Muscle Knots in Soft Tissue Sore Spots

The Theory of Muscle Knots in Soft Tissue Sore Spots

Muscle Knots in Soft Tissue Sore  Spots

The concept that knots in muscle tissue contribute today, there is still no concrete proof that muscle tissue knots cause pain, or that they exist in the first place.

What Causes Soft Tissue Sore Spots?

Aside from the myofascial trigger point theory, another possibility that exists in relation tologist John Quintner in 1994.

What causes these painful nerves are still unknown, but like muscular knots, it’s theorized that they may develop in response toms by impacting the nerve’s blood supply.

Pain and the Central Nervous System

It’s worth noting that the human neurological system (which includes the subcutaneous neurological system) needs plenty of high-quality fuel to the threat.

It’s also a fact that the body’s nerves have access tologist Geoffrey Bove, who is also skeptical of the existence of knots in muscle tissue.

This theory that soft tissue sore spots can be caused by the tissue itself rather than as a result of knotted muscles seems to present a much simpler explanation for the etiology of soft tissue soreness. Furthermore, it offers a possible reason for why these knots, adhesions, and/or trigger points have never been objectively proven.

Other Studies and Reviews

Aside from Dr. David Simons, a number of the world’s to determine if prominent myofascial experts could reliably and objectively locate knots or myofascial points in three clusters of study participants.

The first cluster included subjects who had been diagnosed as suffering from hyper-irritable pressure points by other specialists; the second cluster subjects were previously determined to have fibromyalgia, so having muscle pains but no knots; and the third cluster or “control group” was composed of healthy individuals who had no pathology of muscle or soft tissue pain.

The specialists were able to suppress their pain responses. The experts could only establish which subjects they believed had myofascial knots based solely on palpation.

The results were not very promising with respect to proving the existence of knots, as the specialists could only determine that 18% of the participants had such points. They also inaccurately identified muscular knots as existing in the control group over two times as frequently.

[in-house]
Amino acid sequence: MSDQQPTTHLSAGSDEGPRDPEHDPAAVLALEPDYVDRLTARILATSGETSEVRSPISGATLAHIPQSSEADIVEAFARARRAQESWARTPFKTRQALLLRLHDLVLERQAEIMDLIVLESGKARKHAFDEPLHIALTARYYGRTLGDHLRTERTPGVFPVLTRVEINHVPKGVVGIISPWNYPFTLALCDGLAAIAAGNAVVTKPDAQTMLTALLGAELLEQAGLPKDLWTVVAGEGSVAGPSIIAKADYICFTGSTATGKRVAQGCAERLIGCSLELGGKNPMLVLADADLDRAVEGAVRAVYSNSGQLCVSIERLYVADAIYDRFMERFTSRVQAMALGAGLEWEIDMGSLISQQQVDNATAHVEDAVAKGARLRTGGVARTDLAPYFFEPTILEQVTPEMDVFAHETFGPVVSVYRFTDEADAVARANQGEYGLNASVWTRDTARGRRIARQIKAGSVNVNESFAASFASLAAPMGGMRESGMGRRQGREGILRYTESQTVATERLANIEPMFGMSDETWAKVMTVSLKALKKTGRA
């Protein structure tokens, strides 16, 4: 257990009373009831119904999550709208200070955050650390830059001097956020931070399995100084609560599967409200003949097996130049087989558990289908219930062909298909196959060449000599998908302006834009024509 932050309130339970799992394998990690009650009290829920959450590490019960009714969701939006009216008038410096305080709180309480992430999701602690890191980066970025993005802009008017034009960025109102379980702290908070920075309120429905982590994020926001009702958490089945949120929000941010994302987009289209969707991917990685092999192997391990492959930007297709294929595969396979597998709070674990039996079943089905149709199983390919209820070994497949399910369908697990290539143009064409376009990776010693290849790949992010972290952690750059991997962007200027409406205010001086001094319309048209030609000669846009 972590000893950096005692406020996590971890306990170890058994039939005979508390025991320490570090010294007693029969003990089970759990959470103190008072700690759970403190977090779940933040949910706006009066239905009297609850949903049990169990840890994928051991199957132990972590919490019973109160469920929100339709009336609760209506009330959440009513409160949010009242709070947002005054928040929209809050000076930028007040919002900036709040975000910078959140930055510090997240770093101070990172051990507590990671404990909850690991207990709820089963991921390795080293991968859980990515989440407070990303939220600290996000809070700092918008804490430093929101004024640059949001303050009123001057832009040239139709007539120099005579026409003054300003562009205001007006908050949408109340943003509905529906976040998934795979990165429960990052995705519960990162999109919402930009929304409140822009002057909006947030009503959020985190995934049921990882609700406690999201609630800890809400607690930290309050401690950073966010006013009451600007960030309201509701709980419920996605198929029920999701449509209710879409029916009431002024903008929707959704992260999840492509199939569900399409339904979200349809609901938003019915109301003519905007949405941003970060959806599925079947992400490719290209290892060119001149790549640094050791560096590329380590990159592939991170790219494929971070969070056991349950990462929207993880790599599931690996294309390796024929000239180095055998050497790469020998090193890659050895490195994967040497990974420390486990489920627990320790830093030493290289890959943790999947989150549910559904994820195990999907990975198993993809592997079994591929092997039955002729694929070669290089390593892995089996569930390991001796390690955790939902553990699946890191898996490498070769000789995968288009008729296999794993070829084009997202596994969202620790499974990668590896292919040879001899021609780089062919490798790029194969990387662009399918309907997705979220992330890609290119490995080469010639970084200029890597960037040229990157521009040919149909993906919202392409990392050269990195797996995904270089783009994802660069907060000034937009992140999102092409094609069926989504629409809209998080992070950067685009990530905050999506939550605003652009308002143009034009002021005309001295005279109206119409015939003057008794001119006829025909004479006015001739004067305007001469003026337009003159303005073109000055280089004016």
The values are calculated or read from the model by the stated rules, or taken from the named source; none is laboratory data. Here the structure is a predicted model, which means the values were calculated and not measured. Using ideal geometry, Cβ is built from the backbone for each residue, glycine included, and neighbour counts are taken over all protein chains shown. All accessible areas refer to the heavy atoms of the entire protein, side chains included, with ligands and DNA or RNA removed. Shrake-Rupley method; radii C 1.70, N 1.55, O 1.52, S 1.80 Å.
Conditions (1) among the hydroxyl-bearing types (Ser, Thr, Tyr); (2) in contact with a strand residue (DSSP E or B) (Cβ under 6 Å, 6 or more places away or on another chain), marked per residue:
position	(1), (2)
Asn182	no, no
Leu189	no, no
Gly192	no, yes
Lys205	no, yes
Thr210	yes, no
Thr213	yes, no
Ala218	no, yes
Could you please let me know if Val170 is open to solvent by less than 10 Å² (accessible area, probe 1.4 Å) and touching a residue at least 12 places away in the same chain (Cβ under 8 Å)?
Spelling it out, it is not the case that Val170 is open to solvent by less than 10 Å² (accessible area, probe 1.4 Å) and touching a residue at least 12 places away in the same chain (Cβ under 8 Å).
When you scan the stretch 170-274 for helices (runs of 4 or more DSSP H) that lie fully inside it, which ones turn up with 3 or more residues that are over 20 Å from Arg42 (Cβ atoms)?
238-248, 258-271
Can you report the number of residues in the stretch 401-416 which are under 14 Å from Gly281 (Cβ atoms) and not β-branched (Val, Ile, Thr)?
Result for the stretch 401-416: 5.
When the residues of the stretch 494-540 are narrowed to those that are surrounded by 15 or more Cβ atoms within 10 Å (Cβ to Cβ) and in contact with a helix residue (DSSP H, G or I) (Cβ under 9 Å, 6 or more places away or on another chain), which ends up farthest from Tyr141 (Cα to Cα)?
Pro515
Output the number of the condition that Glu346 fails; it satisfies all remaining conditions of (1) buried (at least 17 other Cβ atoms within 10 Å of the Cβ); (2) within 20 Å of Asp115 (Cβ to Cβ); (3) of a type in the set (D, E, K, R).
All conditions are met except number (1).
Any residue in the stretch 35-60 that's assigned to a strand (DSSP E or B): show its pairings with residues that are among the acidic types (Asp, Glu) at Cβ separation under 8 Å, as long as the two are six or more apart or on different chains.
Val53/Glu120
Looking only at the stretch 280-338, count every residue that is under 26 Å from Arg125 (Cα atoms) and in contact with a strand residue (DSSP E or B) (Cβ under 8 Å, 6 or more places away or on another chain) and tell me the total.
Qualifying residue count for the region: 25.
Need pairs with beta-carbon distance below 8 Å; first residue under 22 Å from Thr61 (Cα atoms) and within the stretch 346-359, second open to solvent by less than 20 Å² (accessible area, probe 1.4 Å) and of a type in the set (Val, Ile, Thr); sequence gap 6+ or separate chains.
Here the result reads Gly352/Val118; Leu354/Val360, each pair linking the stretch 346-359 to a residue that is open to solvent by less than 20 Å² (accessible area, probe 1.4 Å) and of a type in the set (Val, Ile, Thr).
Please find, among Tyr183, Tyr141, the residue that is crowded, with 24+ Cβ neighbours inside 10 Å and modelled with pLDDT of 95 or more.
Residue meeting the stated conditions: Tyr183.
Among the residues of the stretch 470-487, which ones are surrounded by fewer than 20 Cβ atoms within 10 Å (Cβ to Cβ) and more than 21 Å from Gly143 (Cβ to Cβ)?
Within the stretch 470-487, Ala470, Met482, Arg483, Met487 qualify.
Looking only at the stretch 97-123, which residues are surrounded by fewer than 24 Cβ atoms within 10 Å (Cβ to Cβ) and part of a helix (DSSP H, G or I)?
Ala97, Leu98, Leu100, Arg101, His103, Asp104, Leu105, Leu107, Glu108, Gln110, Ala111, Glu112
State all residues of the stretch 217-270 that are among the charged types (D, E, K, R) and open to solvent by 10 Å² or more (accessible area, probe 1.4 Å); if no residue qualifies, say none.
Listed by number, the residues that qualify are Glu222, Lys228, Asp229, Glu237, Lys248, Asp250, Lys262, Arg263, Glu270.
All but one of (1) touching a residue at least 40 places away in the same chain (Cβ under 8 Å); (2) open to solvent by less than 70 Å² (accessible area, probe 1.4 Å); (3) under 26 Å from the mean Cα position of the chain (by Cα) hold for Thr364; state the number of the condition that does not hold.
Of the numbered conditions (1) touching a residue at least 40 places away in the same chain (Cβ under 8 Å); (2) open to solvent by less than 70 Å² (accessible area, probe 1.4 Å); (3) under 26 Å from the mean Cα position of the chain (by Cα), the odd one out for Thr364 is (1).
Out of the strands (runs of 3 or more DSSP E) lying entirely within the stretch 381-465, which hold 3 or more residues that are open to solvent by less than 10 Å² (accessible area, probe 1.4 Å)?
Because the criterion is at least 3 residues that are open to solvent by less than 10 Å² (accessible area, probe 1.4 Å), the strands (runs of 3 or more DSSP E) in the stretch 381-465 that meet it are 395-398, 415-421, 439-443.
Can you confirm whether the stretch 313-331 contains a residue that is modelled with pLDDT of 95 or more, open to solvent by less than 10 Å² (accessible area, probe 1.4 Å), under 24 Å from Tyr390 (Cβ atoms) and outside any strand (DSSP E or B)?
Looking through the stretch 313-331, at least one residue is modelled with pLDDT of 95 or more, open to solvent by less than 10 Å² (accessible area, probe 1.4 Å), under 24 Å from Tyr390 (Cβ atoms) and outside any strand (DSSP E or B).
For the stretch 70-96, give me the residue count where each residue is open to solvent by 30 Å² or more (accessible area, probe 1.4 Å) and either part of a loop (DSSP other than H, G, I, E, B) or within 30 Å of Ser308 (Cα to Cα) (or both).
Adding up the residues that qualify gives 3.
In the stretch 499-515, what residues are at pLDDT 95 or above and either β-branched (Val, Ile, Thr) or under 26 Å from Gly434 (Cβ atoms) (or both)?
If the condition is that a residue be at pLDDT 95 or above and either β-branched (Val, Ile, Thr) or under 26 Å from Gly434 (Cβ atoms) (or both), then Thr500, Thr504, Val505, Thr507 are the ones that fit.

The results of the experiment caused many physicians to them being the origin of soft tissue pain. The study was nearly completely suppressed as a result of major conflicts between Dr. Wolfe and the co-authors after accusations that the results had been unfairly manipulated. Even so, there have been additional studies performed after Dr. Wolfe’s experiment that indicate myofascial points and knots don’t really exist.

Another study performed by Yueh-Ling Hsieh demonstrates that despite receiving specialized training, chiropracto point out the inadequate design, techniques, and prejudice in most of the studies performed on soft tissue and cast a weary eye on the usefulness and integrity of the myofascial point theory.

This lack of quality research on muscle knots and trigger points is also brought to light in a 2013 critique by Kietrys.

Problems With the Logic Behind Muscle Tissue Knots

The boldest question that can be asked of specialists who contend that soft tissue sore spots are caused by knots or irritated pressure points is: How come no well-developed study performed during the last half-century has been able to this important question is that these painful spots simply are not the results of any so-called “muscle knots” lurking throughout the body.

As mentioned previously, a number of other possible causes of soft tissue soreness exist. However, it must be taken into back them up.

To sum up, these are important concerns that anyone who believes in the concept of muscle knots should take into consideration. After all, if there’s no medical evidence that they exist, how can they possibly be found and treated?

From a logical standpoint, there’s the problem of how pressing soft tissue sore spots with a finger or needle – which is thought to be carefully re-evaluated by anyone who suffers with soft tissue sore spots.

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In this instance, an athlete was originally diagnosed with minor quadriceps muscle strain and was treated for four weeks, with unsatisfactory results. When he came to our clinic, the muscle was not healing, and the patients’ muscle tissue had already begun to atrophy.

Upon examination using MSUS, we discovered that he had a full muscle thickness tear that had been overlooked by his previous provider. To mitigate damage and promote healing, surgery should have been performed immediately after the injury occurred. Because of misdiagnosis and inappropriate treatment, the patient now has permanent damage that cannot be corrected.

The most important advantage of Ultrasound over MRI imaging is its ability to zero in on the symptomatic region and obtain imaging, with active participation and feedback from the patient. Using dynamic MSUS, we can see what happens when patients contract their muscles, something that cannot be done with MRI. From a diagnostic perspective, this interaction is invaluable.

Dynamic ultrasonography examination demonstrating
the full thickness tear and already occurring muscle atrophy
due to misdiagnosis and not referring the patient
to proper diagnostic workup

Demonstration of how very small muscle defect is made and revealed
to be a complete tear with muscle contraction
under diagnostic sonography (not possible with MRI)

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Complete tear of rectus femoris
with large hematoma (blood)

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Separation of muscle ends due to tear elicited
on dynamic sonography examination

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